20+ million higher-education enrollees averaging roughly three devices per person equals 60+ million devices connecting to institutions’ networks. Additionally, there are over 1.5 million professors and administration staff personnel, meaning there’s probably over 2 million university-provided and BYOD devices. That’s a lot of potential risk and a serious security challenge.
The five largest public university campuses each have enrollments of around 58,000 students. The sheer volume of devices that that represents is staggering. How can IT professionals secure those devices and protect the resources they’re consuming if they can’t even see them?
Now consider eduroam, an international roaming service. While colleges and universities generally provide network and Internet access, typically via Wi-Fi, eduroam is an alternative worldwide Internet access provider that authenticates users based on their local institutions’ credentials, then, using secure back-end mechanisms, passes those credentials to another member institution’s network where the user is authenticated and granted Internet access. Seems like a great way to streamline student connectivity, but one of the challenges with eduroam is the fact that the facility receiving credentials has no visibility of the users and devices connecting to their network. Zero.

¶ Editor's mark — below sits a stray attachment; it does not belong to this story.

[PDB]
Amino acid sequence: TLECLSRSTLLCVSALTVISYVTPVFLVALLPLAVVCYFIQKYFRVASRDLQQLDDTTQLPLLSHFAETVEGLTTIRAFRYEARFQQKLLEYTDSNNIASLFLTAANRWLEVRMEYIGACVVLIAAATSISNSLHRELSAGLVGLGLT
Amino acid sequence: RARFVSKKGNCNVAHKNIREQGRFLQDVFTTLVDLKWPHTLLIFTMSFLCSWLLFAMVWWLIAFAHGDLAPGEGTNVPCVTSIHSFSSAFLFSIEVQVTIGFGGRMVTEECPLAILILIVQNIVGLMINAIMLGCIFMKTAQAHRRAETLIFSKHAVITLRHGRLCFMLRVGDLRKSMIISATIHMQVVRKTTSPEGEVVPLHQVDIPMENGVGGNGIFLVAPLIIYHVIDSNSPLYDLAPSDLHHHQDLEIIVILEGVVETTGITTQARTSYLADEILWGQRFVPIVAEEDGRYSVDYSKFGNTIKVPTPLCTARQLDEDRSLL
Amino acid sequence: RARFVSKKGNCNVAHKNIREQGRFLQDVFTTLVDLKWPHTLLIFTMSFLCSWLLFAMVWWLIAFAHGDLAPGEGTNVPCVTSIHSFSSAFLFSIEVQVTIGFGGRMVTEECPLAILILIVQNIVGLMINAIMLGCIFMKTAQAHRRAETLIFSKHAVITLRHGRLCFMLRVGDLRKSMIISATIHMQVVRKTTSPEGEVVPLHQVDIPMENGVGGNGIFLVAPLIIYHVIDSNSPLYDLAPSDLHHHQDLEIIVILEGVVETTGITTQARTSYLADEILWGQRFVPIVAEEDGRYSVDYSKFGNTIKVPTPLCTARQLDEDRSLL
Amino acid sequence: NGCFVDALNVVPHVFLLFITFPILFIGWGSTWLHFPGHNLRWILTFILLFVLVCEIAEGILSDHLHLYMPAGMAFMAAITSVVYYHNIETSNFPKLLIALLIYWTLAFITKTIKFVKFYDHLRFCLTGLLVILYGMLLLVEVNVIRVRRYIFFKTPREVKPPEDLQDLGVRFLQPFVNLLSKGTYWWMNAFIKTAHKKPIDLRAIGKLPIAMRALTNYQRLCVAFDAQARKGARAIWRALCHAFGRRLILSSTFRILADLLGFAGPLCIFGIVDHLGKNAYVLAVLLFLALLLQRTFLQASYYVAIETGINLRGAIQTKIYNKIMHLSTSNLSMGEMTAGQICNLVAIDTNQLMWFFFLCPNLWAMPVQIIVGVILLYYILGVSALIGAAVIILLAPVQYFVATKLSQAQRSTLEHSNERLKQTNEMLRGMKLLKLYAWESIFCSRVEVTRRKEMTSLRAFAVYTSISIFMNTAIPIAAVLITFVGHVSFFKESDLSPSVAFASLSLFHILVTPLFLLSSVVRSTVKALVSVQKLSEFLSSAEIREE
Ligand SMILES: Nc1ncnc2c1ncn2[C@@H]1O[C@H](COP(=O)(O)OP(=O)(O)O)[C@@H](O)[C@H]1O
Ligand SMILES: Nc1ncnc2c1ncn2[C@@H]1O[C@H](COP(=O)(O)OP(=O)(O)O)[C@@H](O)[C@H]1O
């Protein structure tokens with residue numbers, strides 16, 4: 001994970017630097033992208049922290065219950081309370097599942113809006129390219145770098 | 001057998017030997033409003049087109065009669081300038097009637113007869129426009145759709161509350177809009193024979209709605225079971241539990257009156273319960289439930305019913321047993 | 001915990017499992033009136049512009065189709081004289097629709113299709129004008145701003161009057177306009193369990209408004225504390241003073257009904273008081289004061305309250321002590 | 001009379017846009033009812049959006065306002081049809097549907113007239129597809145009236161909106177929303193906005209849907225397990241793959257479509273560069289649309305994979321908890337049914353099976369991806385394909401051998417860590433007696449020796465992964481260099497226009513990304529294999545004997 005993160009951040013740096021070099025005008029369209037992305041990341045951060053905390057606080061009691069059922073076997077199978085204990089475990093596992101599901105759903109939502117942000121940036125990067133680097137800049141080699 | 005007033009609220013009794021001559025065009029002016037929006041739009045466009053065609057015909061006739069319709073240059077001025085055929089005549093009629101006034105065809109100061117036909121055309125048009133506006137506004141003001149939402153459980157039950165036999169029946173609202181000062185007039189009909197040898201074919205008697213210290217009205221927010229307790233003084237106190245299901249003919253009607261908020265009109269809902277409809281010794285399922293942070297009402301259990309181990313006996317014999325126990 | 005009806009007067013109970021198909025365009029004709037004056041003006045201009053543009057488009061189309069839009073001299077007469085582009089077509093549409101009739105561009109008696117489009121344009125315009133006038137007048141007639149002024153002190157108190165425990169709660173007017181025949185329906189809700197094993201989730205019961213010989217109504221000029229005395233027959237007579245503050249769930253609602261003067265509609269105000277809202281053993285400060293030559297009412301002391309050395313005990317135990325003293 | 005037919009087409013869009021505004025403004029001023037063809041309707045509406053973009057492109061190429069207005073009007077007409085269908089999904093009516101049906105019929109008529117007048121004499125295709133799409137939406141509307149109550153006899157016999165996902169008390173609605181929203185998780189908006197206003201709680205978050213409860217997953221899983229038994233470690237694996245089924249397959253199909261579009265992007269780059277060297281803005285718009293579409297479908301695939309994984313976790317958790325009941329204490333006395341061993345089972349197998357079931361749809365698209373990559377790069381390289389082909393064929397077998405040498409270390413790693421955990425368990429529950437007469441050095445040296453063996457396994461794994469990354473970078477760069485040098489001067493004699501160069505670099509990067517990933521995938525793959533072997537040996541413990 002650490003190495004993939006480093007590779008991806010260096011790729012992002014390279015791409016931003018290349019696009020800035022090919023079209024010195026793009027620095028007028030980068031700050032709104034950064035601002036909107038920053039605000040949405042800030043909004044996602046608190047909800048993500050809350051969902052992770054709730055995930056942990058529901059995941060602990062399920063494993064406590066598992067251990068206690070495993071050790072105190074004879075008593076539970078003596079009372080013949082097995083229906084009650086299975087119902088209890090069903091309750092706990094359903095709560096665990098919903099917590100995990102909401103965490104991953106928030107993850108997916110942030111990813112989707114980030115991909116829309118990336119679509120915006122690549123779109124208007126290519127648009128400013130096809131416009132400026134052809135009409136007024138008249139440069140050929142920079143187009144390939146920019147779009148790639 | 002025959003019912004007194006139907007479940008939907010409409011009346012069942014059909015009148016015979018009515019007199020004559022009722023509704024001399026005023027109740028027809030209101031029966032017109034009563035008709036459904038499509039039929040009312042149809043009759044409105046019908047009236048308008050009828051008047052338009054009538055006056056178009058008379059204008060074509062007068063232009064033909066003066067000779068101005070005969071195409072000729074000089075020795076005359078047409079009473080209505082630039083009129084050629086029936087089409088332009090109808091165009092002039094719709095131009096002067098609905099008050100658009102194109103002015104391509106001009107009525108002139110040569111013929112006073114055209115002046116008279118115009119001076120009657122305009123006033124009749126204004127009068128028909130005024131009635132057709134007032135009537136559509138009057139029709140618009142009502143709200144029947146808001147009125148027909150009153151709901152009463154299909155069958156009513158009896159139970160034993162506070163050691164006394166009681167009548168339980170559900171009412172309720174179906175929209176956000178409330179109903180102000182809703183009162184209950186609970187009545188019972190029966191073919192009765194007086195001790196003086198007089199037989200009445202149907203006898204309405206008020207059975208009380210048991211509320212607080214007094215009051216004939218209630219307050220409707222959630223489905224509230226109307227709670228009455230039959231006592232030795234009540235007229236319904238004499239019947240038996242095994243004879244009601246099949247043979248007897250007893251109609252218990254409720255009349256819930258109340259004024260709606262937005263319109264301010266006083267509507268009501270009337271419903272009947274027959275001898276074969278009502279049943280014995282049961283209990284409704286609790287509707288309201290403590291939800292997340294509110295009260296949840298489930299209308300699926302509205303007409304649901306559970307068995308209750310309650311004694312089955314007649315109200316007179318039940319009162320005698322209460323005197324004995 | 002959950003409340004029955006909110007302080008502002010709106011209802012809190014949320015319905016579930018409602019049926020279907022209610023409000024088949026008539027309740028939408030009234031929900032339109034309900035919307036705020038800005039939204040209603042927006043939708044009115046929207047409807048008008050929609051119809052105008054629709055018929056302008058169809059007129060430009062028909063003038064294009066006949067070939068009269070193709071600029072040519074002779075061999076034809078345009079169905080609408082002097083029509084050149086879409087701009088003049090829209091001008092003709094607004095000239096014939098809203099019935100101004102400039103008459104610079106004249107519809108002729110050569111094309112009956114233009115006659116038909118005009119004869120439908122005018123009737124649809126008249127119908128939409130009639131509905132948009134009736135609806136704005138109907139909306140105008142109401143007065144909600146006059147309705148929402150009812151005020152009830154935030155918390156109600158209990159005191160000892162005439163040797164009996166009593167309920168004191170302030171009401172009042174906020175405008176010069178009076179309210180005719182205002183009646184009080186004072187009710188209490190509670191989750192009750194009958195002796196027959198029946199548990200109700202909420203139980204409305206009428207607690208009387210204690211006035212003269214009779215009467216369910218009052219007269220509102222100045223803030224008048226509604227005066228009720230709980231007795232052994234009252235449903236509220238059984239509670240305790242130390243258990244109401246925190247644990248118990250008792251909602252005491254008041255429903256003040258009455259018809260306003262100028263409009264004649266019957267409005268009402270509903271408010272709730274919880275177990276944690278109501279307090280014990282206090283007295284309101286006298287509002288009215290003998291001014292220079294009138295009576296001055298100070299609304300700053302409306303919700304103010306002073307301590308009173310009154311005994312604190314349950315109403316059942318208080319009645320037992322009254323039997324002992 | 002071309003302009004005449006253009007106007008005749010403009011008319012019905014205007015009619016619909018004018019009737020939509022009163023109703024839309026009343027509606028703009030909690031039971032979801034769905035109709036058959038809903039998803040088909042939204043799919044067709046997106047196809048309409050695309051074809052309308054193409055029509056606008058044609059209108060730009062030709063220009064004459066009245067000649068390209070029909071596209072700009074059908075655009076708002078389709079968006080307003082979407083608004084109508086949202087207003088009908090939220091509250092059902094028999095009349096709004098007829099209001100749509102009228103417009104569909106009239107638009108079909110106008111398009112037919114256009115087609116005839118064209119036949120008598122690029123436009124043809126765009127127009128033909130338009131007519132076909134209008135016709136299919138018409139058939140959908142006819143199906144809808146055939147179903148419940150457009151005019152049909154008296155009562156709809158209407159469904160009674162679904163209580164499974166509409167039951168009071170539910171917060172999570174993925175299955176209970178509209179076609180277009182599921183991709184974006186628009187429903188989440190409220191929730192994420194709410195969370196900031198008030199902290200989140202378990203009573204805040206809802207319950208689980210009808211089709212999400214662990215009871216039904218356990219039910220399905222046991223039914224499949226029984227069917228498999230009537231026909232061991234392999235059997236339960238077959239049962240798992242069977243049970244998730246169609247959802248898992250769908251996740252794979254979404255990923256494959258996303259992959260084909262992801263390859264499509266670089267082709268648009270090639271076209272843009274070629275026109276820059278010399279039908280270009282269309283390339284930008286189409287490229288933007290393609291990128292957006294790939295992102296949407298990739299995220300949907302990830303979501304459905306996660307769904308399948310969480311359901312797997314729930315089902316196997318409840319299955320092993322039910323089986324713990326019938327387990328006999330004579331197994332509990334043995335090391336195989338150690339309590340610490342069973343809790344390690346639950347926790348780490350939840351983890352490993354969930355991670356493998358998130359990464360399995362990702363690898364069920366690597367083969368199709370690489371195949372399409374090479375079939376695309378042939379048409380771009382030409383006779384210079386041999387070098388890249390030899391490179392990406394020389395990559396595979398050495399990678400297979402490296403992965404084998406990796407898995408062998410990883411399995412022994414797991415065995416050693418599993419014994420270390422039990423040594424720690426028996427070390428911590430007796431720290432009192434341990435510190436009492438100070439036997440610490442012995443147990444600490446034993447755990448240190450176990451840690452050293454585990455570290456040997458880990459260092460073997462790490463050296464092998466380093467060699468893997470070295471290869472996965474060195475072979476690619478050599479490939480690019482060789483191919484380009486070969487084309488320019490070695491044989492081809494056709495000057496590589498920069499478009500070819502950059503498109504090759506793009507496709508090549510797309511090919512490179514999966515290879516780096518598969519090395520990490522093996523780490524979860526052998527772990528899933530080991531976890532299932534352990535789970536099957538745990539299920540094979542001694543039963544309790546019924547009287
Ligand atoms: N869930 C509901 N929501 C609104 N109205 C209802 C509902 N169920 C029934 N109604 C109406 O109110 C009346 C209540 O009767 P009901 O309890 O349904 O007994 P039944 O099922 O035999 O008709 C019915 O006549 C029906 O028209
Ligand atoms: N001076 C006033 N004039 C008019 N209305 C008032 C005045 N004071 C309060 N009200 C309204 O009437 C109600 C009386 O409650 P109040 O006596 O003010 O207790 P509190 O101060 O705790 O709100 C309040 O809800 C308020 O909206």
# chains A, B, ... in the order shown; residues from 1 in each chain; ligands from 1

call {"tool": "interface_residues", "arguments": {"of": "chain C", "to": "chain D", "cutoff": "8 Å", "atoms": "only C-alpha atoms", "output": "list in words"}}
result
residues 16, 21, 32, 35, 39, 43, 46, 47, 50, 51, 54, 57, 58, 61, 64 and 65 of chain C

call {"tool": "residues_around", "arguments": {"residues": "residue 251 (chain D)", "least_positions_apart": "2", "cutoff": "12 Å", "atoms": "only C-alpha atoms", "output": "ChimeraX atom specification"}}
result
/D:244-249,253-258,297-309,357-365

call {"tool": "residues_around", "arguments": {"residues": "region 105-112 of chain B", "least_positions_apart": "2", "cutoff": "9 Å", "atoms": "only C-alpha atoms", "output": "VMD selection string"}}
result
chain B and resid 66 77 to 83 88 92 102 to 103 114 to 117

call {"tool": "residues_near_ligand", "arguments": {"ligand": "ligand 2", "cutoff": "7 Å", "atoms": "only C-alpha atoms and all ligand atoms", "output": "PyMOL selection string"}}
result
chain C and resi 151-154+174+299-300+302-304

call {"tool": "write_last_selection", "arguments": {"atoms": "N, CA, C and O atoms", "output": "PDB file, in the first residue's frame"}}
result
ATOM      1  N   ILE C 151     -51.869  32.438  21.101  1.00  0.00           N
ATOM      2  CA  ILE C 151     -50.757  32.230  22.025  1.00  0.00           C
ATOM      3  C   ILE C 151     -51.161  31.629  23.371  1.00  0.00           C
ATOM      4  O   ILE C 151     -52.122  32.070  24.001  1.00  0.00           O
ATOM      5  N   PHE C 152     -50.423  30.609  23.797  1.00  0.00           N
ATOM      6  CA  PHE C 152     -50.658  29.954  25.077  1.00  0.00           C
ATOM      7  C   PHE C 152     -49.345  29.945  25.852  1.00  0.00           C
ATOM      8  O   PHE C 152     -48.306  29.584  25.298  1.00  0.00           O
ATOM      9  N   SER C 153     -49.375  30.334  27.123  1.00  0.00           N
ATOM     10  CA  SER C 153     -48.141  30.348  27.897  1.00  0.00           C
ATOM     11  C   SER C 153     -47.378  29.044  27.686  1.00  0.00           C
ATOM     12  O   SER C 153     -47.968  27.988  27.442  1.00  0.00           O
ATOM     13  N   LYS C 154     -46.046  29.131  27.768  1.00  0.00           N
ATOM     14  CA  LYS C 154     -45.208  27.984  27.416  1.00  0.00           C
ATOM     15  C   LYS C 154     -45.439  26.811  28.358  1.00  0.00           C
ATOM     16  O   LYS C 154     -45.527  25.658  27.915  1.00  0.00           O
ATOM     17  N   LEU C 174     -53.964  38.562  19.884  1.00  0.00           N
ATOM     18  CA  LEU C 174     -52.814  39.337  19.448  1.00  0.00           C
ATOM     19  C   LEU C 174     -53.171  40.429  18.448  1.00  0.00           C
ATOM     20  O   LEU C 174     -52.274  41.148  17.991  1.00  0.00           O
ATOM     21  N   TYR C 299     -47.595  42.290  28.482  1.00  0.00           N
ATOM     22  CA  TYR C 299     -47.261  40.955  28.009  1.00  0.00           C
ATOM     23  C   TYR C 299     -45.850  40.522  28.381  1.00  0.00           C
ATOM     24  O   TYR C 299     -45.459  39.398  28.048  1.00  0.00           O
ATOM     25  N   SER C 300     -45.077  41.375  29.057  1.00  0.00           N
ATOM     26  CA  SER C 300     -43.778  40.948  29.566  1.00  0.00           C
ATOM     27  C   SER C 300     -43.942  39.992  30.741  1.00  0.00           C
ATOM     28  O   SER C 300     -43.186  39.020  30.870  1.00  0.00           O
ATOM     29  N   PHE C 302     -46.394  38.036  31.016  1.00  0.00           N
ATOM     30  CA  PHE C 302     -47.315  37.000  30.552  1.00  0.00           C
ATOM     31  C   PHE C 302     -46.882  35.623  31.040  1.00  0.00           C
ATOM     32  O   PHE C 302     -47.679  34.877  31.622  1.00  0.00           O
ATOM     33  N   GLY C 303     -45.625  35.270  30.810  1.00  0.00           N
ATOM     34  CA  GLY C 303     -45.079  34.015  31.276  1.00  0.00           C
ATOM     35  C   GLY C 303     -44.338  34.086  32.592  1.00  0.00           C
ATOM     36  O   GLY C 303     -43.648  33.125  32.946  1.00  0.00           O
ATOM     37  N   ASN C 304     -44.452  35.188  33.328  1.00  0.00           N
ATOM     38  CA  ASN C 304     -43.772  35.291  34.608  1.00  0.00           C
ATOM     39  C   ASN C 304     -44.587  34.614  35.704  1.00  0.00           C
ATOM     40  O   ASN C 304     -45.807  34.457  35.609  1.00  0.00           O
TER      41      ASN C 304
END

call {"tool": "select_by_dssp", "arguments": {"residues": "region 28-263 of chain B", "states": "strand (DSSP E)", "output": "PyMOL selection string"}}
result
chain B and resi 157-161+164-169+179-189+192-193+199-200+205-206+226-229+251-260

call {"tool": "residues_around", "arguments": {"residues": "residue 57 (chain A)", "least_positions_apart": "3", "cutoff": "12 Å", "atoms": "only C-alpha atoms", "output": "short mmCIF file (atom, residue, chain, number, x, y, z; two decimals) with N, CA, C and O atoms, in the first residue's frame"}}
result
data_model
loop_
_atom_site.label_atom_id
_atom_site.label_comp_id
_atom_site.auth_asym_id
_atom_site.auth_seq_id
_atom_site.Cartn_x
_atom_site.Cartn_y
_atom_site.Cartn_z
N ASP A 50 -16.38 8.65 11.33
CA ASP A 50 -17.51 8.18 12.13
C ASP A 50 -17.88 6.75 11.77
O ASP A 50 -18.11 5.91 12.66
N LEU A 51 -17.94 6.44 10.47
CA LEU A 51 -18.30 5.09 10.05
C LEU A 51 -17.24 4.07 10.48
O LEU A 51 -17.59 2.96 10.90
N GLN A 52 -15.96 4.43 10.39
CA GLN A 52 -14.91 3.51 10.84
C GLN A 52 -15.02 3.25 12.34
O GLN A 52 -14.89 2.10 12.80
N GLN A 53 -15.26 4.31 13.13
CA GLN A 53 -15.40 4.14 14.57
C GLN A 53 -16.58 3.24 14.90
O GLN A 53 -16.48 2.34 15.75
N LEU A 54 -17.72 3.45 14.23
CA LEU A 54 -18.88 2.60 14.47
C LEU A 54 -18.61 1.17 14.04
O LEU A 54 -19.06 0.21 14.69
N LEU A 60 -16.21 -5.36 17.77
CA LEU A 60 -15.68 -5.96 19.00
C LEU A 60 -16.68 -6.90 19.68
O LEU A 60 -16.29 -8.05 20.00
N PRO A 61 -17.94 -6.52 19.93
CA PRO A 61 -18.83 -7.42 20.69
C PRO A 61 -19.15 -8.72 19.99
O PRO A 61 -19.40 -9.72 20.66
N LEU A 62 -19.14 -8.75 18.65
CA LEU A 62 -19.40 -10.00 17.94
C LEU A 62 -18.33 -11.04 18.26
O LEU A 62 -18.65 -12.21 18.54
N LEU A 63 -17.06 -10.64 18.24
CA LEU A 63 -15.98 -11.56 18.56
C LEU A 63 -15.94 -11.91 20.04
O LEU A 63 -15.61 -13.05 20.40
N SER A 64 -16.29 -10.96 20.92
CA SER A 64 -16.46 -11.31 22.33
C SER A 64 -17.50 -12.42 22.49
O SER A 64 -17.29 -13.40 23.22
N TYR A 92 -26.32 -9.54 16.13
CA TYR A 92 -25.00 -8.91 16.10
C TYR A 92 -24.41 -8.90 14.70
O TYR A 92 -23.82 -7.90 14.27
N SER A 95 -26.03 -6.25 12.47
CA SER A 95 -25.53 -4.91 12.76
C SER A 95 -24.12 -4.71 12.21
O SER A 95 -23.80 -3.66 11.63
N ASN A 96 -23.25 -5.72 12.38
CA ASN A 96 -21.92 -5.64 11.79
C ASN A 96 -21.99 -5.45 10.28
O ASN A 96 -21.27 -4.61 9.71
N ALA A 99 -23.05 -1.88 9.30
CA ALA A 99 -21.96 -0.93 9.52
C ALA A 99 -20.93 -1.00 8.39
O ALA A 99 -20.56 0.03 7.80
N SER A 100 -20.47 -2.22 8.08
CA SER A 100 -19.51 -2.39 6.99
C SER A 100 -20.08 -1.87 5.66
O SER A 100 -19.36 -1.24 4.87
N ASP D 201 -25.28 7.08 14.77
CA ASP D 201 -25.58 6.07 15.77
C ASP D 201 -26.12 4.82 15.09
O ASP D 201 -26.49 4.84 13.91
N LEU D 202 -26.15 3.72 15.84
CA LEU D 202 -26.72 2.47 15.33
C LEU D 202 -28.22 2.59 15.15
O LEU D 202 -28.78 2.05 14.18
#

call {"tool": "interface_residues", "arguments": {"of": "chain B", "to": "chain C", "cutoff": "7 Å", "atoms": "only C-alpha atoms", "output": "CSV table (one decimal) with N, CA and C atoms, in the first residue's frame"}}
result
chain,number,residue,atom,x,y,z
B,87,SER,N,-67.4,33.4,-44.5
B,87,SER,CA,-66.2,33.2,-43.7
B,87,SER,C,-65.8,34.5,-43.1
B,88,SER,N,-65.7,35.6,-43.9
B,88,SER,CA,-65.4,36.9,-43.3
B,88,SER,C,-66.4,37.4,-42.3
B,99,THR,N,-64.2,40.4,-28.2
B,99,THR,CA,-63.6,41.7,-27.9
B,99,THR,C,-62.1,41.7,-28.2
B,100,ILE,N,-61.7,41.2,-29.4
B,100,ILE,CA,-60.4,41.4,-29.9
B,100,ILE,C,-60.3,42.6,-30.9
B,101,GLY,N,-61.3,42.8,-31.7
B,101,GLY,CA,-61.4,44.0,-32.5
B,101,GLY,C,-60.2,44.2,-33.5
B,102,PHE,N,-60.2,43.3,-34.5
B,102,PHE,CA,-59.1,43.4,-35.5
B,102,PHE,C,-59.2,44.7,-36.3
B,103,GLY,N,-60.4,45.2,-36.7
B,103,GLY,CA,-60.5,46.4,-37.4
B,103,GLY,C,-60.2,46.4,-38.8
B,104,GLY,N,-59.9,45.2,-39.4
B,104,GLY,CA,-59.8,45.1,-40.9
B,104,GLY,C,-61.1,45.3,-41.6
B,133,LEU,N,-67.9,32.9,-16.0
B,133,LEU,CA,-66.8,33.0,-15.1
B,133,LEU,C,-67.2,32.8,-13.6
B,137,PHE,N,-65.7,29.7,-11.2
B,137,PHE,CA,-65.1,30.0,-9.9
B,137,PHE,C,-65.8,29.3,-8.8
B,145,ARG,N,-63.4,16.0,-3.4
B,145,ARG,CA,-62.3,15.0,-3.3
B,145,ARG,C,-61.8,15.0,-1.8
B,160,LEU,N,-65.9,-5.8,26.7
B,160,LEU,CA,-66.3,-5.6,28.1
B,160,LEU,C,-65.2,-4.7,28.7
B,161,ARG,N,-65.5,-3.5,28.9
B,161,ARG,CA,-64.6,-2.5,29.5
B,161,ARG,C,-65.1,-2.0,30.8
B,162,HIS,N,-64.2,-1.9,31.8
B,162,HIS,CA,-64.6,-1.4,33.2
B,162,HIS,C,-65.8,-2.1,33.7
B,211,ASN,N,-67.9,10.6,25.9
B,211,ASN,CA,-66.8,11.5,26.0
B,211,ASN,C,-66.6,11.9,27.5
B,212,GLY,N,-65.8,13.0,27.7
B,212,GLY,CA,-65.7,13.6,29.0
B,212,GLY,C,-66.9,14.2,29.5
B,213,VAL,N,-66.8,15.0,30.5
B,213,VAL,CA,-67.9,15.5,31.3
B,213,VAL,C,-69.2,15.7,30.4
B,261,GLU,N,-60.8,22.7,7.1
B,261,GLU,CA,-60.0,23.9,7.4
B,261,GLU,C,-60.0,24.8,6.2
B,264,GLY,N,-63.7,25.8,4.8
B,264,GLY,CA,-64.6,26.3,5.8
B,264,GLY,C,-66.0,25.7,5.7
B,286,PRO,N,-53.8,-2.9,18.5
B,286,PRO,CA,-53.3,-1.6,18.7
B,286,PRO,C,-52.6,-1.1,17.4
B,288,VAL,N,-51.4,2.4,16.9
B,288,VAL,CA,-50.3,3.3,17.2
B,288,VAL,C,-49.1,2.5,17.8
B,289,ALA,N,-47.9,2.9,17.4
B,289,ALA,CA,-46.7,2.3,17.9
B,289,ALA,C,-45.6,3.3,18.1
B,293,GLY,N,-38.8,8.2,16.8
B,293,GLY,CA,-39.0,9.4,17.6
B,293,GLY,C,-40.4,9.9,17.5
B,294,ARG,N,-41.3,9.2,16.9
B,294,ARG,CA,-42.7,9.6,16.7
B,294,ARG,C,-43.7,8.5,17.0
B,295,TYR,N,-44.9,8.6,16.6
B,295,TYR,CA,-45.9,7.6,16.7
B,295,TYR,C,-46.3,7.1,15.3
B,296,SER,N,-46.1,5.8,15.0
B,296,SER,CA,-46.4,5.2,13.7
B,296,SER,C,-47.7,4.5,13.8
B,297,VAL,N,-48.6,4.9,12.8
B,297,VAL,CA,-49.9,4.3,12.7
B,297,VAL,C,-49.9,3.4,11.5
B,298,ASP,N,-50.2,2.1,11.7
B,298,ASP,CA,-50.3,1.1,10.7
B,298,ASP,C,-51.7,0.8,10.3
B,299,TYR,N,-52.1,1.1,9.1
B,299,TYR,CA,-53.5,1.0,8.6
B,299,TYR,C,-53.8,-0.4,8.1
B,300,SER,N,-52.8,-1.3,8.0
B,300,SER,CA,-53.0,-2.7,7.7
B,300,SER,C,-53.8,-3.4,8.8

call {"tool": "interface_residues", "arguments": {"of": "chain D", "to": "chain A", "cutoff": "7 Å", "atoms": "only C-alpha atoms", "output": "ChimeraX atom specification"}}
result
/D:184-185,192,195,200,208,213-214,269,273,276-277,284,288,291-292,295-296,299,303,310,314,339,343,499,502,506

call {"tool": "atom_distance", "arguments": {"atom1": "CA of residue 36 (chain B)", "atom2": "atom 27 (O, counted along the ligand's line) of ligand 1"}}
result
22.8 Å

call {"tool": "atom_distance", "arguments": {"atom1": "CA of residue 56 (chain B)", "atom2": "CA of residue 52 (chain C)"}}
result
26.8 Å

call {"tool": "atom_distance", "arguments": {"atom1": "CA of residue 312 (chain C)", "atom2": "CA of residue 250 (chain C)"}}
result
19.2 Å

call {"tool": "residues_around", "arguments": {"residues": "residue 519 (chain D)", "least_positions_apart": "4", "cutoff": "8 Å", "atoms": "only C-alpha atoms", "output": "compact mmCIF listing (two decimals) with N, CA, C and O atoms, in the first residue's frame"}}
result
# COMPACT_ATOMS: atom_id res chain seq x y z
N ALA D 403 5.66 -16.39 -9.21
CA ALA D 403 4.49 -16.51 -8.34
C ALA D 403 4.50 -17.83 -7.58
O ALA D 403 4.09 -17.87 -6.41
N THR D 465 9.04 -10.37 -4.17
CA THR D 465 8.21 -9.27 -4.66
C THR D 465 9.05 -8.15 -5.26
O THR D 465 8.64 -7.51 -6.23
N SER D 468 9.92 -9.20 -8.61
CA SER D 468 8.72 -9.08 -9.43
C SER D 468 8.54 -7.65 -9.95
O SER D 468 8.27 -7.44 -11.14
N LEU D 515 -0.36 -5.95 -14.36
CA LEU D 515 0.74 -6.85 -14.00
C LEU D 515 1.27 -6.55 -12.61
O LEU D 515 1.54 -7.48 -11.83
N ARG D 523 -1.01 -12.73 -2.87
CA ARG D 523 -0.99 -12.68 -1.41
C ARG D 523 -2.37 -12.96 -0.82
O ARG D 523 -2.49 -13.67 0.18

While eduroam users make up only a small portion of network users, most colleges and universities, especially ones with multiple facilities, deal with security issues that are often exacerbated by a lack of control of the underlying network environment. In a recent chat I had with a Director of Information Security from a large public university in the Southeast, we discussed the problems caused by limited visibility. While not the primary issue, eduroam was mentioned as a cause for concern due to the lack of visibility of devices and associated unknowns.
After connecting to the Internet, eduroam users can VPN into college or university systems, and that’s the moment when the lack of visibility is the biggest problem. That’s because the moment a compromised device connects is the moment it introduces risk to the institution and all the other connected devices. It’s that risk that educational institutions should look to reduce. By closing the visibility gap, you mitigate that risk and arm your institution against hundreds or even thousands of previously unknown devices (and potential vulnerabilities).
Gaining device visibility of a single campus or even multiple campuses into an aggregated view can be easily obtained. Ask us how.